"Our quarrel is with the Taliban and Al Qaeda and the terrorists and the governments that support them," said the Pentagon source. "The drug trafficking business has been a problem in Afghanistan for a while, and it's an issue that the new government will have to address with the international community."

The Times paints the drug scene in Afghanistan as a casualty of U.S. neglect, but it's also possible our government has decided that an uncontrolled drug trade is an acceptable form of collateral damage in this particular war. If so, it won't be the first time. During the 1980s, when the U.S. paid the mujahideen guerrillas to fight the Soviet invasion, the CIA famously turned a blind eye to the drug trade, and within a few short years, Afghanistan came out of nowhere to become the world's second-largest opium grower, after Myanmar. While most of the heroin sold in the U.S. now arrives from Colombia and Mexico, during the 1980s Pakistan and Afghanistan supplied more than half the U.S. market.

On October 7, the Los Angeles Times published a front-pager that suggested a direct causal relationship between war and the drug trade. Reporting from Islamabad, the Times' John Daniszewski noted that "drugs thrive in a war culture, because warlords need the money from such illicit sales to buy weapons, and growers and smugglers need an environment of lawlessness to operate without fear of the police." Without implicating the U.S., Daniszewski also reported that the Soviet invasion in 1979 led to "a two-decade drug bonanza" that gave the Taliban the resources to take over Afghanistan.

Writing for the Chicago Tribune on September 30, Islamabad-based Tom Hundley probed a little deeper, noting that during the 1980s, CIA director William Casey embraced the opium trade as a means to finance his covert war in Afghanistan. Translation: The Afghan fundamentalists may be drug lords, but they're our drug lords. They learned to trade drugs for arms 20 years ago, with the tacit approval of the CIA.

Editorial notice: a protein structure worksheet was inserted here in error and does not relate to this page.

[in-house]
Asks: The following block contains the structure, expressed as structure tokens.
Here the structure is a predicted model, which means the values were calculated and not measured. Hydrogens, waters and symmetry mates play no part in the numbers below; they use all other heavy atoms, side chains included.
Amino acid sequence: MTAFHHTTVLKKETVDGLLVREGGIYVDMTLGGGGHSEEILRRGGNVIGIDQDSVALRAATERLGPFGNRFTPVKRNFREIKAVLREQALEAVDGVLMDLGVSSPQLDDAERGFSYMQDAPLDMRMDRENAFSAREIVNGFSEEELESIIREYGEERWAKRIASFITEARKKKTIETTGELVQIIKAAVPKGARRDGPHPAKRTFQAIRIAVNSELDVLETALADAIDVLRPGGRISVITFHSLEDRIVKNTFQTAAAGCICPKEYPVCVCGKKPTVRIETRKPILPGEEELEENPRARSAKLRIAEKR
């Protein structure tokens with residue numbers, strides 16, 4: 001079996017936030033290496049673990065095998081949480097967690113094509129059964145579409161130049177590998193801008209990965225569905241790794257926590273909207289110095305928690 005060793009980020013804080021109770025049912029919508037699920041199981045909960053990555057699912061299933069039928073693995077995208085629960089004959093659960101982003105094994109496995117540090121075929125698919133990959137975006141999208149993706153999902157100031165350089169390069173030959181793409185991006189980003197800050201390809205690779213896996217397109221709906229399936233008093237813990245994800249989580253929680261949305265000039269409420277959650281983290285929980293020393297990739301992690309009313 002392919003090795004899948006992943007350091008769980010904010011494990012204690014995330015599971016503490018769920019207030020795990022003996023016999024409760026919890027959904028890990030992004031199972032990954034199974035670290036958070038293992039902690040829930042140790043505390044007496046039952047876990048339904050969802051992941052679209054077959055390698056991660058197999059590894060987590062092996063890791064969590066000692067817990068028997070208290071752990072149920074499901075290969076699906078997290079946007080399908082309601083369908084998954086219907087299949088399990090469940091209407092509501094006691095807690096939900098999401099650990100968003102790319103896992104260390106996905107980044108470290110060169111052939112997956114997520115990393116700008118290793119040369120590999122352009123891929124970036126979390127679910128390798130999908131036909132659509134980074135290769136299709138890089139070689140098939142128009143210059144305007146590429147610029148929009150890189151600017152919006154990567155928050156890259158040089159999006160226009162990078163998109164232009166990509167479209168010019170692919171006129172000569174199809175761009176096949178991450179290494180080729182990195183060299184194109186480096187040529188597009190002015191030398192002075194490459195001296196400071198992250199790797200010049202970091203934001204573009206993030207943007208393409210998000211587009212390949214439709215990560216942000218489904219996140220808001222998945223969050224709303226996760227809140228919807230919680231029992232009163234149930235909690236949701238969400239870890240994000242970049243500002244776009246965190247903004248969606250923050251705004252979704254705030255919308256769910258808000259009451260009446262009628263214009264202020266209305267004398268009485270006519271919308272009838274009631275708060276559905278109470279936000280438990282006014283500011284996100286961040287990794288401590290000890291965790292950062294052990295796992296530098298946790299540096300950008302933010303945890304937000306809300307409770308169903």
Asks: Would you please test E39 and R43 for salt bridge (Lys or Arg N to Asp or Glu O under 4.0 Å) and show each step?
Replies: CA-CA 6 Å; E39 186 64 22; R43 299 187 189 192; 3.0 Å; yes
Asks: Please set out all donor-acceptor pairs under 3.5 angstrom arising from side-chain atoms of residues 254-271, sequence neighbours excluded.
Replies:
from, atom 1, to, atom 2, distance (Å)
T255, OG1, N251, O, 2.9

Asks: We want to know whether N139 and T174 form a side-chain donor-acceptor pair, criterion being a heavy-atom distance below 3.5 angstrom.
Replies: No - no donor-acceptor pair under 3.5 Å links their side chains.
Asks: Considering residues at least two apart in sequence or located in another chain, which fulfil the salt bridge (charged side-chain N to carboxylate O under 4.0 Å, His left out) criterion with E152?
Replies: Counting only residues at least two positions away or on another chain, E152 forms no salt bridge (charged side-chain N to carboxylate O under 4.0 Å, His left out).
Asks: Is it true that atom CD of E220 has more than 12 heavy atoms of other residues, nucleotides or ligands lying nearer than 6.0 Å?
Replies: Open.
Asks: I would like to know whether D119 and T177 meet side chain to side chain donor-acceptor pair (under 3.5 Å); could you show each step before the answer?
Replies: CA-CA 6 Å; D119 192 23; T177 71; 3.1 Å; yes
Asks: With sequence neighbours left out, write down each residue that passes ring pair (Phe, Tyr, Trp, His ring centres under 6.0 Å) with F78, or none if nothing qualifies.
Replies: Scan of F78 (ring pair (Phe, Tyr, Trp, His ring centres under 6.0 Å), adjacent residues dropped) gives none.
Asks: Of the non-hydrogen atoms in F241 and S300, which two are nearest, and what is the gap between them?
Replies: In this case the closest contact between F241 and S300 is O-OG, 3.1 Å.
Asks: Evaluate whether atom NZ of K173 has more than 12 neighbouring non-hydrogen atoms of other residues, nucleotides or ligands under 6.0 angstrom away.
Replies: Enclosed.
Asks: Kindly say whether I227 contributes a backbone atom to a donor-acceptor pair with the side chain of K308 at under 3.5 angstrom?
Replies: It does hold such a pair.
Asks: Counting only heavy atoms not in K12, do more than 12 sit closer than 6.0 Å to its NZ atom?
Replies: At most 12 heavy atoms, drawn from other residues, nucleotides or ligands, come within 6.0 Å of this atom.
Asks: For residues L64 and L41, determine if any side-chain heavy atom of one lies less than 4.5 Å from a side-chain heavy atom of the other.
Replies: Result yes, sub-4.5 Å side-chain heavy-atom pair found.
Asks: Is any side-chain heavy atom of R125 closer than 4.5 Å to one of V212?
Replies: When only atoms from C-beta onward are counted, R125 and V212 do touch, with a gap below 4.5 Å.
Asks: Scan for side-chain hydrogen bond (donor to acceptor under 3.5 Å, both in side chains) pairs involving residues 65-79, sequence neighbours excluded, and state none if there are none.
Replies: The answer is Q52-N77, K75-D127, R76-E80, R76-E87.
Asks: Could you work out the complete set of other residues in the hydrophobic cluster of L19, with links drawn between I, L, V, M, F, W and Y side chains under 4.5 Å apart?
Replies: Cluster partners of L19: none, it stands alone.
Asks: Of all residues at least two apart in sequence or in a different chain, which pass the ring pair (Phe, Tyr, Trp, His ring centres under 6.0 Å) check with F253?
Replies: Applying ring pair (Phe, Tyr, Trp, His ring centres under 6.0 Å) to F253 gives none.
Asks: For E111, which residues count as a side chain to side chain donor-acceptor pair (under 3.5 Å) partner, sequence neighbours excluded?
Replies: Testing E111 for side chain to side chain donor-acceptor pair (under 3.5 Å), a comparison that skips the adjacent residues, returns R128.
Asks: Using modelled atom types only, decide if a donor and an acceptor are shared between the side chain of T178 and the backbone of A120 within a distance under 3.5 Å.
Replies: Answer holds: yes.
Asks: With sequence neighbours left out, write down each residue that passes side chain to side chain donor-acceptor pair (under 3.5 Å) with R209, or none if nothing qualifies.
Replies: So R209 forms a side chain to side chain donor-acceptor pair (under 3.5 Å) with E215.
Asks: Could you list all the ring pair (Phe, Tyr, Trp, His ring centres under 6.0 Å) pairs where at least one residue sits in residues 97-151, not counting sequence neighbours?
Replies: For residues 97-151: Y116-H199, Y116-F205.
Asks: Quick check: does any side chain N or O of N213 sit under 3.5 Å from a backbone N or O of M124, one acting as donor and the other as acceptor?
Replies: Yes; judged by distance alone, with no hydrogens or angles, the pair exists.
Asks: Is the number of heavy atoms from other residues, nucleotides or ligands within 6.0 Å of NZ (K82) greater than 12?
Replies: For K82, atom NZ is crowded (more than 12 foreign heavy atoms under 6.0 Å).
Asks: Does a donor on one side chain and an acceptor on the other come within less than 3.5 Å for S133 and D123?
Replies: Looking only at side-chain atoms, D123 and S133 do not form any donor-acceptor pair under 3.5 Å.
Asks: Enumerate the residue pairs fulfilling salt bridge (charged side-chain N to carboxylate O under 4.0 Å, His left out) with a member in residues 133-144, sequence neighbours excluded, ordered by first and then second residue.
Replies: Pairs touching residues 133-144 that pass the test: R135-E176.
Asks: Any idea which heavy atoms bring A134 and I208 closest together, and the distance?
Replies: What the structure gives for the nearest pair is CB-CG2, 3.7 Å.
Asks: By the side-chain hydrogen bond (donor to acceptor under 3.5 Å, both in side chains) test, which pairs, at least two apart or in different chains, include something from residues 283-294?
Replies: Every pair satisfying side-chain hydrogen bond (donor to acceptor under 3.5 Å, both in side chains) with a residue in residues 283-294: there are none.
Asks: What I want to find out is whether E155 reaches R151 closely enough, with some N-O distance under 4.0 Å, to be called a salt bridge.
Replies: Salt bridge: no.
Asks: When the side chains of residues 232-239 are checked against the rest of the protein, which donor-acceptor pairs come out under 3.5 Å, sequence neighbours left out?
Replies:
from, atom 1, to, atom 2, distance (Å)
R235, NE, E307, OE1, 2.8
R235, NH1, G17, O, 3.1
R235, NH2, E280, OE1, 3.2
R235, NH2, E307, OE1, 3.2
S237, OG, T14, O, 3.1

In the past few weeks, the Afghan drug trade has received energetic coverage, often from the front, by The Minneapolis Star Tribune, The Wall Street Journal, The Washington Times, The Baltimore Sun, USA Today, and the Chicago Tribune. But the New York Times coverage this month has been spotty—the paper ran a color photo of opium smokers in the desert on October 7, and on October 4, Barry Meier filed a curious report alleging that Osama bin Laden had tried to produce a "super-heroin" to be marketed in Europe and the U.S. (The Independent called the claim "sensational though thinly substantiated.")

Grisly details about the U.S. role as a catalyst in the Afghan drug trade can be found in the 1991 revised edition of Alfred McCoy's The Politics of Heroin and in Ahmed Rashid's Taliban: Militant Islam, Oil & Fundamentalism in Central Asia. According to McCoy, the relationship between covert ops and the Afghan drug trade began when the CIA chose Pashtun hero Gulbuddin Hekmatyar to fight the Soviets in Afghanistan. During the 1980s, Hekmatyar received $1 billion in covert U.S. funds.

With the help of Pakistani intelligence, the CIA smuggled arms across the Pakistani border to Afghan guerrillas, using donkeys, camels, and trucks. After the arms were unloaded, the same convoys shipped the drugs out, and Hekmatyar became a major trafficker overnight. Opium grown in Afghanistan was processed in Pakistani labs by Hekmatyar associates, and certain corrupt Pakistani officers transported the drugs "under their own bayonets," according to one source.

Hekmatyar and the CIA denied any involvement in the drug trade, and the U.S. media held the story until the Cold War ended. Finally, in 1990, The Washington Post published a front-page exposé of Hekmatyar and his U.S. protectors that should be required reading for every journalist covering Afghanistan. (These days, Hekmatyar lives in exile in Iran, and Pakistan gets high marks in the drug war.)

Some final facts to consider: The Taliban have at least 40 opium warehouses in Afghanistan, as well as stockpiles in Iraq, Iran, Pakistan, and elsewhere. U.S. sources have said they will try to find the stockpiles using satellite imagery, and the Pentagon recently moved to buy the rights to every photo it commissions from a commercial satellite company—effectively preventing the war photos from ever becoming public.

Does the U.S. have a secret plan to seize raw opium as war booty? A DEA spokesperson told the Voice last week that "a lot" of the Taliban stockpiles had already been "seized," a report the Pentagon would not confirm or deny. On the contrary, Golden's sources said the U.S. has "scant information" about the location of the stockpiles.

Make no mistake—raw opium is a valuable commodity. Just ask the late U.S. drug czar Harry Anslinger. During World War II, Anslinger quietly built his own opium stockpile to assuage the fears of the pharmaceutical industry. At the time, the U.S. bought most of its legal opium from Yugoslavia and Turkey. But as Anslinger assured the industry in 1941, there was always "high-grade" and "abundant" opium to be had from Afghanistan. Sixty years later, there still is.

Telecom for Dummies